Choosing what your shed is built from should be one of the easiest choices you can make. After all, other choices like dimensions, span, style, location and door types are surely the areas where most of your thinking and planning needs to go?
When you're faced with choosing between steel or wood framing for your shed, many may go with steel. But as we'll explain in this article there are a number of benefits to going with timber, and some may surprise you.
Firstly it's important to recognise the history that timber sheds have played in almost every industry.
In Europe, farm sheds and barns used to have solid brick walls, timber rafters and a thatch roof. Many ruined farm sheds still litter the European country side, the skeleton still standing tall yet the thatch has long gone. Those that remain have either become wedding venues (like the one above in Cambridgeshire, England) or they've been turned into houses. Back then wood was the best, and most accessible material, for providing support across large spans.
In the late 20th century, steel became cheaper and more widely available, and many buildings began replacing wood as a main support with steel.
Similar to how brick and timber were combined to create a great shed in the past, there are a lot of benefits in combining steel and wood for the best shed in today's world.
For example, timber can serve for noise reduction. Not just within the structure, but when steel cladding is screwed to steel framing, the noise transfers straight through the steel. Whether it be high rain and wind or just from knocks and bumps within the shed, there's nothing between the two metals to deaden the sound. With timber poles and wood framing there's a softer material present to absorb the sound.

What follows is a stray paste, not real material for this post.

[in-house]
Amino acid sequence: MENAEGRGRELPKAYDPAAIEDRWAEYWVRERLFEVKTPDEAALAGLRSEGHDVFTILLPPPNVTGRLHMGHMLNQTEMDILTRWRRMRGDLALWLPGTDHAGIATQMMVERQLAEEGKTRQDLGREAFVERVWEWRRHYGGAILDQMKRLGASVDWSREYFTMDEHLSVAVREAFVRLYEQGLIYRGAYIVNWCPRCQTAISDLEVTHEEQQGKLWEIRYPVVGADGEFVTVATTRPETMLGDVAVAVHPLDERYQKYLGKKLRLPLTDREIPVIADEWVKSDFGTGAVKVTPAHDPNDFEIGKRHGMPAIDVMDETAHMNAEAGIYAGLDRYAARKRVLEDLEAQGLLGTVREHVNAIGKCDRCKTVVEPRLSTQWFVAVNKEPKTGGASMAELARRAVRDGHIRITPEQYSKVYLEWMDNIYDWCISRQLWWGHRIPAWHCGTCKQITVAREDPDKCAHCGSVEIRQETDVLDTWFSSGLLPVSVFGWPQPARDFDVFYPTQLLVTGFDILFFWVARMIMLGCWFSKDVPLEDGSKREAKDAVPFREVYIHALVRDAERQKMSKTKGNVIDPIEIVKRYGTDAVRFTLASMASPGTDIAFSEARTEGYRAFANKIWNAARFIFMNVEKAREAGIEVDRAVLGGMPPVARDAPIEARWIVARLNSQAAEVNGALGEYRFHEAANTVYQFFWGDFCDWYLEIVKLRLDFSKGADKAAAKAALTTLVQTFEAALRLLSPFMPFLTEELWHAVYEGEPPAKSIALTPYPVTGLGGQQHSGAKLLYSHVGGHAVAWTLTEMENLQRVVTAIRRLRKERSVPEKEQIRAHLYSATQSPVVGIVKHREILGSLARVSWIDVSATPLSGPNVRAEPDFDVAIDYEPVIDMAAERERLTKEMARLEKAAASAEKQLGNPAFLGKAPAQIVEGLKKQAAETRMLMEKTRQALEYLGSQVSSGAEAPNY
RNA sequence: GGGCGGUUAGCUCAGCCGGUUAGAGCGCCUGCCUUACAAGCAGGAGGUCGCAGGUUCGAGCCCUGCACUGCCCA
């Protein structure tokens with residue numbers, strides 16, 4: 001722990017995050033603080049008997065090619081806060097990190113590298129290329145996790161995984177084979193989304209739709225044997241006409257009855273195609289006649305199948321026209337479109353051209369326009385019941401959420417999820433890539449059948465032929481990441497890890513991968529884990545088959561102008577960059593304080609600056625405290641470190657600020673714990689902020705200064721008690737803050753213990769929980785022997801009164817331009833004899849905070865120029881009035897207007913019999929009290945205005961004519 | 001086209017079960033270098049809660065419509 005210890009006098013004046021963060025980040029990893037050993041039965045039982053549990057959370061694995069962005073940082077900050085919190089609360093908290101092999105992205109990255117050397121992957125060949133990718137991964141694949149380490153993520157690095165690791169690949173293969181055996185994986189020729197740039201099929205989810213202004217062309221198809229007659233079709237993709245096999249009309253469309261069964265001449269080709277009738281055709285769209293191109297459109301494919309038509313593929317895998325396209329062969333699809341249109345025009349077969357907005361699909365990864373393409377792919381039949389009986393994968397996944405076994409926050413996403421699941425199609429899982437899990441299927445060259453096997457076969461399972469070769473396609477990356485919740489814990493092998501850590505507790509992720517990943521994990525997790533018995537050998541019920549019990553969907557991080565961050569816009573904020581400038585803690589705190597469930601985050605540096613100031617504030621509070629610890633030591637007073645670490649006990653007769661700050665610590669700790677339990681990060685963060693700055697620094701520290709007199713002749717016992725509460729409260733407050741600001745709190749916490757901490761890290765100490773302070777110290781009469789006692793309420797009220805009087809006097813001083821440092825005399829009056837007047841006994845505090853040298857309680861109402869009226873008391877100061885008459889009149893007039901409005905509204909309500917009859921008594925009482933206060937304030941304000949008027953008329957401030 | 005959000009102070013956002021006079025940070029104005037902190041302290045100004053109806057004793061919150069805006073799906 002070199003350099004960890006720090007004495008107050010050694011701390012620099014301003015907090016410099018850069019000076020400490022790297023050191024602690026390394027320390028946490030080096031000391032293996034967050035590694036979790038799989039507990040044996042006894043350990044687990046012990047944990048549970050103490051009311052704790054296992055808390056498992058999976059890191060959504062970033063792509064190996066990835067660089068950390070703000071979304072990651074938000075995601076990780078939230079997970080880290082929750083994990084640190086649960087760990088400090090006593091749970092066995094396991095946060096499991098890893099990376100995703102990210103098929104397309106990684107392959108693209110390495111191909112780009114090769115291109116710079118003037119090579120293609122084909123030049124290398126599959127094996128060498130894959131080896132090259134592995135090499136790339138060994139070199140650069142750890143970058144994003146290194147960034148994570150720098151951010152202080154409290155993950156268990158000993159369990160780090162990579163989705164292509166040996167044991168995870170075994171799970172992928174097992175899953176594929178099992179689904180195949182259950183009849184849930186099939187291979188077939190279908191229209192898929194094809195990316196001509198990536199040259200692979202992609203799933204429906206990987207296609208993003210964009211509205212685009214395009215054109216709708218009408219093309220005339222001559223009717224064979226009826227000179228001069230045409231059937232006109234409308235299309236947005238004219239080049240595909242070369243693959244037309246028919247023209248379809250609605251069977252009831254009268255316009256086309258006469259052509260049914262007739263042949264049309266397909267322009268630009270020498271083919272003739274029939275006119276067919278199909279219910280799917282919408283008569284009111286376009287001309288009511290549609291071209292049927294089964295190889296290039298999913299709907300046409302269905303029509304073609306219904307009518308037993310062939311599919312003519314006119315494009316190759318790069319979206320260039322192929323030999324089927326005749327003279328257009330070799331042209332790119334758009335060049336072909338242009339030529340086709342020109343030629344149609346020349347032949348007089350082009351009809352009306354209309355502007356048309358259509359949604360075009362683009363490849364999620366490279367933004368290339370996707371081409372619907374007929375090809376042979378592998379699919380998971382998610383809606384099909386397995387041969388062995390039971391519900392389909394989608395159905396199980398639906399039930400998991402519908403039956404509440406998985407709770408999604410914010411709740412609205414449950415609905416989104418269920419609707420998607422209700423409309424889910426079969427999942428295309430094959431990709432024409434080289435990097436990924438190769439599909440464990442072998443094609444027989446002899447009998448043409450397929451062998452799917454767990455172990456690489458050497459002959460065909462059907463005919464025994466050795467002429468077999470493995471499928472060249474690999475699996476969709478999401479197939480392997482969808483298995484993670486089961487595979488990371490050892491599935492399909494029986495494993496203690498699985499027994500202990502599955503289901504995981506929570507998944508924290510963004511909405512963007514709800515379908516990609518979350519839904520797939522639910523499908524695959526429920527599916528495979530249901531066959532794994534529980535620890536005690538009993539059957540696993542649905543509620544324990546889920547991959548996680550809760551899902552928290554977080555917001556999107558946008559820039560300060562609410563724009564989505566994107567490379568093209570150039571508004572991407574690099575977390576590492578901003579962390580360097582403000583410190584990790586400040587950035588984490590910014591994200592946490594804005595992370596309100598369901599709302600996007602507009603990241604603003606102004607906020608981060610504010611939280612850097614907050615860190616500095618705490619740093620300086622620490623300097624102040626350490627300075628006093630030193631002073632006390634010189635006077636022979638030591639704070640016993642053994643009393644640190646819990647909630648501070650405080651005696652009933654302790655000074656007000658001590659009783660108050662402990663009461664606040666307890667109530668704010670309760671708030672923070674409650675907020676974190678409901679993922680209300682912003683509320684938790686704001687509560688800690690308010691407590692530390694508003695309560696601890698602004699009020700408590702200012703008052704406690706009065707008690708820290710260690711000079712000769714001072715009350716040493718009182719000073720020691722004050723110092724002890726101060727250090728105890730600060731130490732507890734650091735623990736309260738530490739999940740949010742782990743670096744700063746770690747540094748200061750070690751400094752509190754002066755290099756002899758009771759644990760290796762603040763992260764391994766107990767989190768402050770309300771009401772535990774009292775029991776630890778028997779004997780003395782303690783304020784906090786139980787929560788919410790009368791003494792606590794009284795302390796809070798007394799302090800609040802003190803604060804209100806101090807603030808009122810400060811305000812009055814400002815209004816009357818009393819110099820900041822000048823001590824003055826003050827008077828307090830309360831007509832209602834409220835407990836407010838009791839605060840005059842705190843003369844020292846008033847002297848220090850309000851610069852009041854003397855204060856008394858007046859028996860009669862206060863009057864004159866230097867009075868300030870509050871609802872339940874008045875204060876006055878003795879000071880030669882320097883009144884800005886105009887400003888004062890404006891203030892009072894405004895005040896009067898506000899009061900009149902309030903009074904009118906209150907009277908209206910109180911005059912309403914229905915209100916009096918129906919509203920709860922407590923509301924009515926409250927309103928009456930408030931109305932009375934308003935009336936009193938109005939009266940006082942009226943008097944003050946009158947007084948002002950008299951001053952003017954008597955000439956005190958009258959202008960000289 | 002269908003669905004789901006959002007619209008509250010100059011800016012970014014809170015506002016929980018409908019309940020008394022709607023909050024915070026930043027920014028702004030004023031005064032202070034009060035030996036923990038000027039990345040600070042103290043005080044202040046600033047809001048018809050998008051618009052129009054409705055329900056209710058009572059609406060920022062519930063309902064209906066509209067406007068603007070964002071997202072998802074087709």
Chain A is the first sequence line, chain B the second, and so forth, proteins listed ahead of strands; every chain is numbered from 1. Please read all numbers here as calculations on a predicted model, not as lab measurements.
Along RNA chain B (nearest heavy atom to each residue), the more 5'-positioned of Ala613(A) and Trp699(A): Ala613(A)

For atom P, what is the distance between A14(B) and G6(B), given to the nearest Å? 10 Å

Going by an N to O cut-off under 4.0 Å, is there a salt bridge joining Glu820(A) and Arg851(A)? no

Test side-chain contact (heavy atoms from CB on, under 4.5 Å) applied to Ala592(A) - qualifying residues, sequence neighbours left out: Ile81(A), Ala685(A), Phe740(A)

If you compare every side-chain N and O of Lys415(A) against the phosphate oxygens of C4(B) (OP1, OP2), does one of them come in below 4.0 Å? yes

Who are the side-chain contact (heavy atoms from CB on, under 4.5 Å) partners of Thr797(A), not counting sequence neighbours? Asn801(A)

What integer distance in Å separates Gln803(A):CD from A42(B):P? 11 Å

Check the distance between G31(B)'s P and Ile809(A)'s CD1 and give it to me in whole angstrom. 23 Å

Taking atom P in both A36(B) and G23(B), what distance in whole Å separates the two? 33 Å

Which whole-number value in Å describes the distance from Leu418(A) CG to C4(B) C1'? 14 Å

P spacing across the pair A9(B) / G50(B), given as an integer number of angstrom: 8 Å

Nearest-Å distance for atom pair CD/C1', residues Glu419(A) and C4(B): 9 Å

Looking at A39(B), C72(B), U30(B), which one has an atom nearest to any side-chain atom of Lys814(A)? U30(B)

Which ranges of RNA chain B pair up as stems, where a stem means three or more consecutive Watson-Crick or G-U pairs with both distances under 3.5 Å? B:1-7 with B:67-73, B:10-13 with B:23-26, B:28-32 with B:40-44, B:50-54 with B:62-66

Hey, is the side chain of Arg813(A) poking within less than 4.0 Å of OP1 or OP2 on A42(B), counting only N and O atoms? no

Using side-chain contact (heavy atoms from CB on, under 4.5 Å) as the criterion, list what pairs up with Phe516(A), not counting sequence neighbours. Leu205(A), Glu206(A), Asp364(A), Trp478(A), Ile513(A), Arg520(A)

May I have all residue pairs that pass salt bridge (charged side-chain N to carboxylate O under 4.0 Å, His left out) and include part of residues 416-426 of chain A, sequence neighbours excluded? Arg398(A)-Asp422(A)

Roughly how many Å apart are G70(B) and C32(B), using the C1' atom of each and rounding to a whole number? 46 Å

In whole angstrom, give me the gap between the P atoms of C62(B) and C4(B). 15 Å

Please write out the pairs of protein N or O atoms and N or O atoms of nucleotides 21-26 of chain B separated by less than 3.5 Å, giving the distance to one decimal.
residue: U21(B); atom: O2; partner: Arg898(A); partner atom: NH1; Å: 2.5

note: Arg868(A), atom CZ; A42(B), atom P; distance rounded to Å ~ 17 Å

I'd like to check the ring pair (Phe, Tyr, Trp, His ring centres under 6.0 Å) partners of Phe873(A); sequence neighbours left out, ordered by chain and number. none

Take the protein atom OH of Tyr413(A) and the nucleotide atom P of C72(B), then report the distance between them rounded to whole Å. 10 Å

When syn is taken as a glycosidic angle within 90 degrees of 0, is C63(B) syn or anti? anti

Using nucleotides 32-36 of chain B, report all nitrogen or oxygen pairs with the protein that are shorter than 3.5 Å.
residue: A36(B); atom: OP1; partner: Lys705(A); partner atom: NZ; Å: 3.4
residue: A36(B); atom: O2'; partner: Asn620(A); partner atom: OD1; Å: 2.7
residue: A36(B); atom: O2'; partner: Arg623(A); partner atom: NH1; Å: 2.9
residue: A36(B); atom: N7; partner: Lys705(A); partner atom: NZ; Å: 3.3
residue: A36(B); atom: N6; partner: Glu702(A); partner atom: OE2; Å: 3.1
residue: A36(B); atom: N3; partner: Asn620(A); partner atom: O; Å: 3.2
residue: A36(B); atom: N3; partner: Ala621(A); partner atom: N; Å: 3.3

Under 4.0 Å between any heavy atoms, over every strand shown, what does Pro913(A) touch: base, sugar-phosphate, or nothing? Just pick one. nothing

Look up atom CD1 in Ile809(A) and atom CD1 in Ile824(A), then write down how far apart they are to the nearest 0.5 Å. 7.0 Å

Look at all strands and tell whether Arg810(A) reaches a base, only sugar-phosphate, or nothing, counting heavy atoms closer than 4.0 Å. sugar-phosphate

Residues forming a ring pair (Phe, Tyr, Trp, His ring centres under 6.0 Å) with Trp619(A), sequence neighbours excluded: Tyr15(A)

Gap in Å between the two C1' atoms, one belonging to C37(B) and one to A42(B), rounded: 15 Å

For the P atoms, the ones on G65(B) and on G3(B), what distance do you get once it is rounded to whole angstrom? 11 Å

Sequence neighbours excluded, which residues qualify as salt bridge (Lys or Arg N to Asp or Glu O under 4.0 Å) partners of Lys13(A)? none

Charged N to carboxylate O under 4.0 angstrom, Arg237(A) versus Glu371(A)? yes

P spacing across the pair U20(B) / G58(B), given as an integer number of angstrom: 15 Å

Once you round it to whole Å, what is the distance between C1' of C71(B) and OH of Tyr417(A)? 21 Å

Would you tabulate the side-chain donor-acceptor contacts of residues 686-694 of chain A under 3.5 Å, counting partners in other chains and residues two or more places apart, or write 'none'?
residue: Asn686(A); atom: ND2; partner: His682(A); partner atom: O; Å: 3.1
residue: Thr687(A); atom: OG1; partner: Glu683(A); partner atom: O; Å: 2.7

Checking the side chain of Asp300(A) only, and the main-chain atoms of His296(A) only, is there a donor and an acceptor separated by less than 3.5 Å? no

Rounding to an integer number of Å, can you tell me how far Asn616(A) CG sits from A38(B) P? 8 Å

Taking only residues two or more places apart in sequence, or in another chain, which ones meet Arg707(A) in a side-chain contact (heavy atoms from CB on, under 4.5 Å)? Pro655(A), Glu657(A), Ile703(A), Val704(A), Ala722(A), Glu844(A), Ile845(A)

Depending on the quality of the steel and coating (and many builders use cheap steel to save cost), some of the uprights, purlins or girts may end up rusting over time. In some steel sheds this can be exacerbated if they're exposed to effluent waste such as in cow sheds, or to salt spray in coastal areas. Some fabrication firms with 'all-steel' buildings have told us that iron filings can get inside the open C-purlins on the steel girts and cause rusting.
It may surprise you but wood actually has a better structural tolerance in extreme heat than steel. The average building fire reaches temperatures of 700c to 1,000c. Steel begins to weaken as its temperature climbs above 230c, retaining only 10% of its strength at 750c. Wood does not ignite until it reaches 250c, and once it catches fire it develops a protective insulating layer of char.
One tonne of wood is capable of absorbing and storing a net amount of 1.7 tonnes of CO2 from the atmosphere. Steel on the other hand, emits 1.2 tonnes of CO2 into the atmosphere as it's produced. At the end of the shed's life (if it ever comes!) the wood can be re-purposed very easily for other uses including being milled for palings, or used in another shed or building. Steel is recyclable but requires processing in specialist facilities and is harder for the average person to re-purpose.
Whereas electricians are obviously able to wire for either material, it can be easier, cheaper and safer to wire onto a wooden pole or girt than onto steel. As wood doesn't conduct electricity, a short touching wood can be less problematic and dangerous to shed users.
Another great advantage of timber framing is that it allows for easy internal fit-out. The timber means you can simply nail in any additional extras such as plywood lining, shelves or hooks.